Abu Dis, Ras Abu Sbitan (Olive Terminal), Fri 19.7.13, Morning

Rahel M., Inbal B., Michaela R. (reporting)




Second Friday of Ramadan

Olive Terminal

The canopy cast a soft light, the fan sprayed tiny drops of moisture, the pressure was not great, and even the weather this time was benign.

Those of us who remember Ramadan in previous years, find a softer spectacle this year, almost normal.  Yet certain things continue to remind us that all is not normal:

The requirement of every male to prove he is who he is, every older child to prove his age and relationship to parents, the arbitrary searches through women's belongings...

A large team of border police, blue police, and representatives of the Civil Administration, man the checkpoint.  In front of the first selection point the Red Crescent are stationed, and next to them the Palestinian police. United Nations representatives and the foreign press were also there to watch the spectacle.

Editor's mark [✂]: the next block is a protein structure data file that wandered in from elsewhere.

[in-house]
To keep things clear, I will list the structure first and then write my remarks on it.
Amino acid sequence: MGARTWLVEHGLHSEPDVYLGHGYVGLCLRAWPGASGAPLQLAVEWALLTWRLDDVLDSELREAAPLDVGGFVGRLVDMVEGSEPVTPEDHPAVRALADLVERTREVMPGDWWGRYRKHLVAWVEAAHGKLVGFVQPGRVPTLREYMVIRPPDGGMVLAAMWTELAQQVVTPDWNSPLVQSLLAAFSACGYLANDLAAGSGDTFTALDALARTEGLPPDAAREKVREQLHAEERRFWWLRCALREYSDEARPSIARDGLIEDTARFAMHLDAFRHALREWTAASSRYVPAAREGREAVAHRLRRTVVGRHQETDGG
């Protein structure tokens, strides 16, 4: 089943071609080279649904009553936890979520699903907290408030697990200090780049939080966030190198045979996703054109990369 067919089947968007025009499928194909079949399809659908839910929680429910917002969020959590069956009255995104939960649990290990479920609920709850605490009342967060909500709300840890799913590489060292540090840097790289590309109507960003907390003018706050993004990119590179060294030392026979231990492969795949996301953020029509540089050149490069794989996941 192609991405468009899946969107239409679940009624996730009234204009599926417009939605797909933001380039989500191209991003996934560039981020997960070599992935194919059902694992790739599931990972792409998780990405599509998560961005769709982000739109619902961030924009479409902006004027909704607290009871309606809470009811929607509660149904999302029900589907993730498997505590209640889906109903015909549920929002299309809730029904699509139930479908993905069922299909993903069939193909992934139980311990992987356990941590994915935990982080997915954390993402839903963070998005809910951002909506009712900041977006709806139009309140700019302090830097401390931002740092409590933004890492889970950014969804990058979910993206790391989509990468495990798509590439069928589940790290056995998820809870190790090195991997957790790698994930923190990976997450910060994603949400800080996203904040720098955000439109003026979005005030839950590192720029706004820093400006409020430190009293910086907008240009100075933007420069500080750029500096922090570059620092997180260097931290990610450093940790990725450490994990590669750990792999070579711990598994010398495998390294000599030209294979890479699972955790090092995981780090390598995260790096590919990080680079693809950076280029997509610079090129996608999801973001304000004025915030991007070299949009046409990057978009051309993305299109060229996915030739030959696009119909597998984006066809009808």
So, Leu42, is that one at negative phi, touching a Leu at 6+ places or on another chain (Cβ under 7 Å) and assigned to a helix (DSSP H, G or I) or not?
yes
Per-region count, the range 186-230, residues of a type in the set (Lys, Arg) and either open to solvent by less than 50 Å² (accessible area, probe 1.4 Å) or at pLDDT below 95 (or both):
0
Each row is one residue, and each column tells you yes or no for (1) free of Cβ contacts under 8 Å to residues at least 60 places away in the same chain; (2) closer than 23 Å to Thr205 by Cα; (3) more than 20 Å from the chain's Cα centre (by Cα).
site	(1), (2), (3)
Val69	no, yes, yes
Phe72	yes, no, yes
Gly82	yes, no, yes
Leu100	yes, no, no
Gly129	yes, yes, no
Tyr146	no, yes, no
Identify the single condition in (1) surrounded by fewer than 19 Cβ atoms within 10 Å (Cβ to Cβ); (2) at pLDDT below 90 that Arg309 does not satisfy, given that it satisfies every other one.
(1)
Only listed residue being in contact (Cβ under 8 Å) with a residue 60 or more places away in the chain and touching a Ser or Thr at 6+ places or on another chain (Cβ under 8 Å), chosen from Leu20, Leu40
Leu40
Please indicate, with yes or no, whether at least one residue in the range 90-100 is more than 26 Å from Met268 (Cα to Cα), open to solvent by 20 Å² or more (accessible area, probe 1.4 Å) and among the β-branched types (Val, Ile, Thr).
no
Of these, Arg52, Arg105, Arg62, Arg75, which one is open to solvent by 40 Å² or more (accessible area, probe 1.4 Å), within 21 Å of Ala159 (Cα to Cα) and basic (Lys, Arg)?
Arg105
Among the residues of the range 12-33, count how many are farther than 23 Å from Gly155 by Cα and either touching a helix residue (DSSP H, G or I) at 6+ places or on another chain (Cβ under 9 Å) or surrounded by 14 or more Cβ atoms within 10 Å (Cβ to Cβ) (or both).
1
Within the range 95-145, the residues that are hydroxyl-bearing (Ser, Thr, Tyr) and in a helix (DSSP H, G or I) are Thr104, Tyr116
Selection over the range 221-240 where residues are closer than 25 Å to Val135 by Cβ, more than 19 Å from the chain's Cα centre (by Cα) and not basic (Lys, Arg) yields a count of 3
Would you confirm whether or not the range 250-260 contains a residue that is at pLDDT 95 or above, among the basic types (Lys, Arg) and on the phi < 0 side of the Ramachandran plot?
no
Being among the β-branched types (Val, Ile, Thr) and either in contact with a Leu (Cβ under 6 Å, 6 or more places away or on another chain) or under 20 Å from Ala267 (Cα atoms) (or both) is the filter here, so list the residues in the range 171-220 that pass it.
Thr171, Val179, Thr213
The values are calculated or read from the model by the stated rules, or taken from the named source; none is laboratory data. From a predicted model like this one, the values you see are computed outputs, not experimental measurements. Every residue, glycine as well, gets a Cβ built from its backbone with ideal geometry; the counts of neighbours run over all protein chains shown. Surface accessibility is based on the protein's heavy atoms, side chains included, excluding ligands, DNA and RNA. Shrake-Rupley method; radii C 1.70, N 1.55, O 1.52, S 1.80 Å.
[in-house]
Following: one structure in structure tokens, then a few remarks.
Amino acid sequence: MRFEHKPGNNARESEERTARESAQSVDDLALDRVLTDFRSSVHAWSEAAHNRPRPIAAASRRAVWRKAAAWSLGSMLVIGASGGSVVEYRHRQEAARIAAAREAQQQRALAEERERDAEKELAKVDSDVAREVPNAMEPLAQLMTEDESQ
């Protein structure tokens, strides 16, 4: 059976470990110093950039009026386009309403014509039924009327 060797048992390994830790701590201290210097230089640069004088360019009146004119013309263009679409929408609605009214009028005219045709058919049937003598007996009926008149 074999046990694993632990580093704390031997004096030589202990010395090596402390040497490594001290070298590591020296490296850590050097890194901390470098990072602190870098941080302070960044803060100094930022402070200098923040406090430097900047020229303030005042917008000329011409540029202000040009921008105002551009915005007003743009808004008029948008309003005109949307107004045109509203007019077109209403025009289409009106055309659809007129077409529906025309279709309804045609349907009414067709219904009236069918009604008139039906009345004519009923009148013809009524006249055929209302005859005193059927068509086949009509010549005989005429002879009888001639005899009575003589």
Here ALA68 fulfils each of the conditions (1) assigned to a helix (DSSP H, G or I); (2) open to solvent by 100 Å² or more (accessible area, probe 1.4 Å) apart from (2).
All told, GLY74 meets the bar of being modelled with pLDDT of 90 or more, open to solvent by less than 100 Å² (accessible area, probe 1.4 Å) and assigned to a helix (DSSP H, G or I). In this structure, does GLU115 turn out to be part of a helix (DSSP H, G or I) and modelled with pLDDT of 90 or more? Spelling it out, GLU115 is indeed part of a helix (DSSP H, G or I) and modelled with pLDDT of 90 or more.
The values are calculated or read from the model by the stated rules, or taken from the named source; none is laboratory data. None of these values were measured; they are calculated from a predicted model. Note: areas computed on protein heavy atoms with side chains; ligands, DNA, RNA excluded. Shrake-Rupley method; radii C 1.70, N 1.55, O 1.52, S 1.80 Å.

Most of the crowd got to cross, but quite a number of the unfortunate (either because too old -- over 15 or 16 -- or unaccompanied by a parent, or too young -- under 40), found themselves milling at the side of the road.  Some of them had weekday passes, but for some obscure reason they needed special permits to prove their innocence during Ramadan.  How can a person become peace-loving when Israel needs to exploit a man's cheap labour, but finds him increasingly dangerous when he comes to claim his right to worship on the day of his holiday?  Security considerations?

Once in a while a group of soldiers came out to push back the frustrated youths.  While the Palestinian policemen were around, the youths moved back obediently.  When they left, confrontations began.  The security guards were lead by a determined border policewoman, gun at the ready, followed by her colleagues, including some of higher rank.  The same woman was conspicuously harsh and rude while performing her duties at the checkpoint.